So, what does an 80 meter (263 feet) rise in sea-level mean. Have a look at the following map of the world after an 80 meter rise. It means that over one billion people will have to be resettled to higher ground and that much of the most productive agricultural land will be under water. Fortunately, at current rates, the Greenland ice sheet will take over a thousand years to melt and the Antarctica ice sheet, much longer. However, the greater the temperature rise the faster the ice sheets will melt, bringing the problem much closer. Remember, the huge ice sheet that recently covered much of North America, almost completely melted in only 15,000 years (today, only the Greenland ice sheet, and some other small patches of it, remain). Since then (15,000 years ago), sea-levels have risen about 125 meters (410 feet), only 80 meters to go.

The ice sheets have been continuously melting for thousands of years. What is left of them today, is still melting, and will continue to melt. Human caused global warning will cause this remnant to melt significantly faster. This is a big, big, problem.

For HUGE detailed maps of the "World after the Melt" go to:

Global temperatures are increasing. And by quite a lot each year.

2016 is the hottest year on record for global temperatures.

This is 0.0380 degrees centigrade hotter than the previous record year which was 2015.

0.0380 is a large increase in just one year.

2015 was the hottest year (at that time) for global temperatures.

This was 0.1601 degrees hotter than the previous record year which was 2014.

0.1601 is an absolutely huge increase in just one year (at this rate temperatures would increase by 16 degrees in a century).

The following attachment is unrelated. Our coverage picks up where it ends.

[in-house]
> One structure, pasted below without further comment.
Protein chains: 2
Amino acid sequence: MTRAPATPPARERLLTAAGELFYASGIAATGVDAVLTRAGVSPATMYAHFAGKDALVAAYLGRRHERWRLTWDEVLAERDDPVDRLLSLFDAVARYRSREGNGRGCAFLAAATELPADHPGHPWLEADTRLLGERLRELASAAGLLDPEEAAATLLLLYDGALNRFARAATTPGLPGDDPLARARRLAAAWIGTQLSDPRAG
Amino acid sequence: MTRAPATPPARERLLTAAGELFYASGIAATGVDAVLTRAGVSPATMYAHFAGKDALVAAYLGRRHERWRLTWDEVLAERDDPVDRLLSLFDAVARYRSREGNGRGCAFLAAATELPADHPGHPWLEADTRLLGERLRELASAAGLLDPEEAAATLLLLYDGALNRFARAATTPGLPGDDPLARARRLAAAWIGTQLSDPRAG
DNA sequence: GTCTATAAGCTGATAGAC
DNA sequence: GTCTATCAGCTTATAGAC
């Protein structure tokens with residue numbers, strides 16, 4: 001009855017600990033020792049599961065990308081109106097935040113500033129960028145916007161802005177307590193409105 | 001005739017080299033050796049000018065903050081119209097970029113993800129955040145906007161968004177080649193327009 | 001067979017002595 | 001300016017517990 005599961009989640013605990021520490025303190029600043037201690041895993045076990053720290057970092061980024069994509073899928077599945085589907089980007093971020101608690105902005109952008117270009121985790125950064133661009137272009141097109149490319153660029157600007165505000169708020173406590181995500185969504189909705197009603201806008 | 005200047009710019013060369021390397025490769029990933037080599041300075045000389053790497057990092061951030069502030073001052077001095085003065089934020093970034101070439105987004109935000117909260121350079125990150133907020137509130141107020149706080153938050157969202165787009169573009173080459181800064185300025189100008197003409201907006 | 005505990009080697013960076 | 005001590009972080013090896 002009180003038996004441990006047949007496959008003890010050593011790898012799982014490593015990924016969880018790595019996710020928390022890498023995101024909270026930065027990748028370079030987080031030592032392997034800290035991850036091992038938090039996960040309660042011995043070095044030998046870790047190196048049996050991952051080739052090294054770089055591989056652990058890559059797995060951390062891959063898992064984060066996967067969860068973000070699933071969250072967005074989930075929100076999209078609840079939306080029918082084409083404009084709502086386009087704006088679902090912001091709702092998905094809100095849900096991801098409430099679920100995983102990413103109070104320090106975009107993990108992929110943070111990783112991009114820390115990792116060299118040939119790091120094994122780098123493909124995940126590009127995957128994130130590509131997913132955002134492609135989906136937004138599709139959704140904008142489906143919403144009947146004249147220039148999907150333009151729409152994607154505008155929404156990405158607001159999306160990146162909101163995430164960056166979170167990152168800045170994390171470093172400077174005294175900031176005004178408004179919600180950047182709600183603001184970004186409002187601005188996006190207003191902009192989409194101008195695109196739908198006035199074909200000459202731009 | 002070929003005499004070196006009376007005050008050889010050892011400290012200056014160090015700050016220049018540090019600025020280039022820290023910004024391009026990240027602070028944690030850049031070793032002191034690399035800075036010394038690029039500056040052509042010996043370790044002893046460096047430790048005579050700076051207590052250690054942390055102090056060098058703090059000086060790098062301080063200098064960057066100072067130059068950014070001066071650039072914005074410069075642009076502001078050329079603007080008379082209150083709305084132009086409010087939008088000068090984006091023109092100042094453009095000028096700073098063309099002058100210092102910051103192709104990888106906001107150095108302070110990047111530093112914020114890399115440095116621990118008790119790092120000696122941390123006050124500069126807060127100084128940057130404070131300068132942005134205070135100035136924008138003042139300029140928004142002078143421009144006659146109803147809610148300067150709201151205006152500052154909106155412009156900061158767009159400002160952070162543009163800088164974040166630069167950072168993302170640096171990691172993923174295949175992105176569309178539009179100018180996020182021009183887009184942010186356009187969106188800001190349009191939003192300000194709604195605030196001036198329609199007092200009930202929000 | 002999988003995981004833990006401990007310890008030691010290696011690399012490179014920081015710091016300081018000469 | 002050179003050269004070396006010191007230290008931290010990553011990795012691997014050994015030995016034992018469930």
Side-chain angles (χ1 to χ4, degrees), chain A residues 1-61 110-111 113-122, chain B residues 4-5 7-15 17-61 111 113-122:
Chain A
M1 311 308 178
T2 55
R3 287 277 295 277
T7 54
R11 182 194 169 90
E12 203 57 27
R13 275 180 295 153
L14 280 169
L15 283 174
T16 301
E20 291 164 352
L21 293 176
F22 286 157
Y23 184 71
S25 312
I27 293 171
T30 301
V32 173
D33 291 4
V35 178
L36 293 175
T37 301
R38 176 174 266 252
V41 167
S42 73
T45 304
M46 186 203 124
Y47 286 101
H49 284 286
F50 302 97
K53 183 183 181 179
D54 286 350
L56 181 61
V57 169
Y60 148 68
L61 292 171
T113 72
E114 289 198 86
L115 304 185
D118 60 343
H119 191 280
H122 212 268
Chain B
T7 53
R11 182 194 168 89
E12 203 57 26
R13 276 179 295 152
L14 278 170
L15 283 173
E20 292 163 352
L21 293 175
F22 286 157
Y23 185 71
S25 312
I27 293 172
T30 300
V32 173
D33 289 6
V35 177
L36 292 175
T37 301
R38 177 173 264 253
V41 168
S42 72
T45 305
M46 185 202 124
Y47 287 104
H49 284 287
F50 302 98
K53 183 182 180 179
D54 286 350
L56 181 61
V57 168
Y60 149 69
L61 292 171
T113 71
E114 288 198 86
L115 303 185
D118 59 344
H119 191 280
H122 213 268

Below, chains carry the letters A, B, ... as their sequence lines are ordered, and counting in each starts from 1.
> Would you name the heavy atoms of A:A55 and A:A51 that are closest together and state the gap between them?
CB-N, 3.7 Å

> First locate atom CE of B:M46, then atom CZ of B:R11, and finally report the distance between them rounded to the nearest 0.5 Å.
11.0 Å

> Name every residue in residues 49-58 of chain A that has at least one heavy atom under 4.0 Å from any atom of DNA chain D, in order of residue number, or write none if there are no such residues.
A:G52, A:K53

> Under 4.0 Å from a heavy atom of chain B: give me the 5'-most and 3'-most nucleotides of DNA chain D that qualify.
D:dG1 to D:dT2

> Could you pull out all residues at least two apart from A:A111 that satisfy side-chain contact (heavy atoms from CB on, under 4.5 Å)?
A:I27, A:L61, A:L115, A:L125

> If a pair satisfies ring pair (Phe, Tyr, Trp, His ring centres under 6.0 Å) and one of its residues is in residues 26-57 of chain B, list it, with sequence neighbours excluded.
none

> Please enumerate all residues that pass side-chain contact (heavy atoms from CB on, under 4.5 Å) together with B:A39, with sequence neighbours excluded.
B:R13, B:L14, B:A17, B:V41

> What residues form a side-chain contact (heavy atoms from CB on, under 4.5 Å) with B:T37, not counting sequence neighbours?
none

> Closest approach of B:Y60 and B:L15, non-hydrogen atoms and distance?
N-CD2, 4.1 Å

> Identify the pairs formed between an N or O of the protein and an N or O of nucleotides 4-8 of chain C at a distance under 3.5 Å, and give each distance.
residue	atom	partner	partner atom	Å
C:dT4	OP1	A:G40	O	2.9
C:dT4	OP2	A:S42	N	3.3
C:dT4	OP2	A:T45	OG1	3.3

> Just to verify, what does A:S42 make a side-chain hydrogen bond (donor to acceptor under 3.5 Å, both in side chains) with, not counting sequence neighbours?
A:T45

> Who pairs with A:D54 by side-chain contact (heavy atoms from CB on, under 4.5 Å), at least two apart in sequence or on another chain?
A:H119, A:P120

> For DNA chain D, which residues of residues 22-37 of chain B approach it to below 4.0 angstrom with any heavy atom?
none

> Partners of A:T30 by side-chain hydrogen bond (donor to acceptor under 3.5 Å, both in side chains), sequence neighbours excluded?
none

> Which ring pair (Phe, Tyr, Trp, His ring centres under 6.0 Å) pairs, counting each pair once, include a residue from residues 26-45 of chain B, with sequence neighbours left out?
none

2014 was the hottest year (at that time) for global temperatures.

This was 0.0402 degrees hotter than the previous record year which was 2010.

The conspiracy to hide global warming data.

The National Oceanic and Atmospheric Administration (NOAA) is given tax money to make global temperature records available to the public. However, certain people at NOAA continually sabotage this aspect of NOAA's mandate. For example, these people have (deliberately) sabotaged the web-page that delivers the temperature records.

Look for yourself:

Go to the page: scroll down to the The Global Anomalies and Index Data section and click the download button and see what happens. Well, you get the message:

"Not Found. The requested URL /monitoring-references/faq/anomalies-download was not found on this server."

I guess that the 2017 data must be truly horrible if they have to hide it away.

In reply to by Chupacabra-322

squattingdog Juggernaut x2 Thu, 10/12/2017 - 20:21 Permalink

State Farm and many others, what they pulled is CRIMINAL in my opinion. I remember it very well. I went to work for CITIZENS as a programmer while I was in Engineering school and I was shocked when I realized we were created by the state of Florida because of the actions these “Reputable” insurance companies had taken. I laugh when I read some of the comments from people who think that in situations like Houston the insurance companies will play by the rules, SUCKERS!!!

In reply to by Juggernaut x2

Endgame Napoleon Rapunzal Thu, 10/12/2017 - 20:00 Permalink

When we had a flood here, I was working in an insurance agency, where I heard many awful stories, including a couple who had just finished paying off a modest home. The husband let the wife renovate it to make it like she always wanted it to be, and it was ruined by the flood. They still owed all that money on the renovation. Sad.

As bad as private insurance can be, FEMA’s flood insurance is worse, covering only part of renovations in many cases. The agents have no control over FEMA.

Surely, some veterans organization can help that veteran. What are the Wounded Warriors and all of those organizations for if not to help people like that?

In reply to by Rapunzal

Déjà view BarkingCat Fri, 10/13/2017 - 00:49 Permalink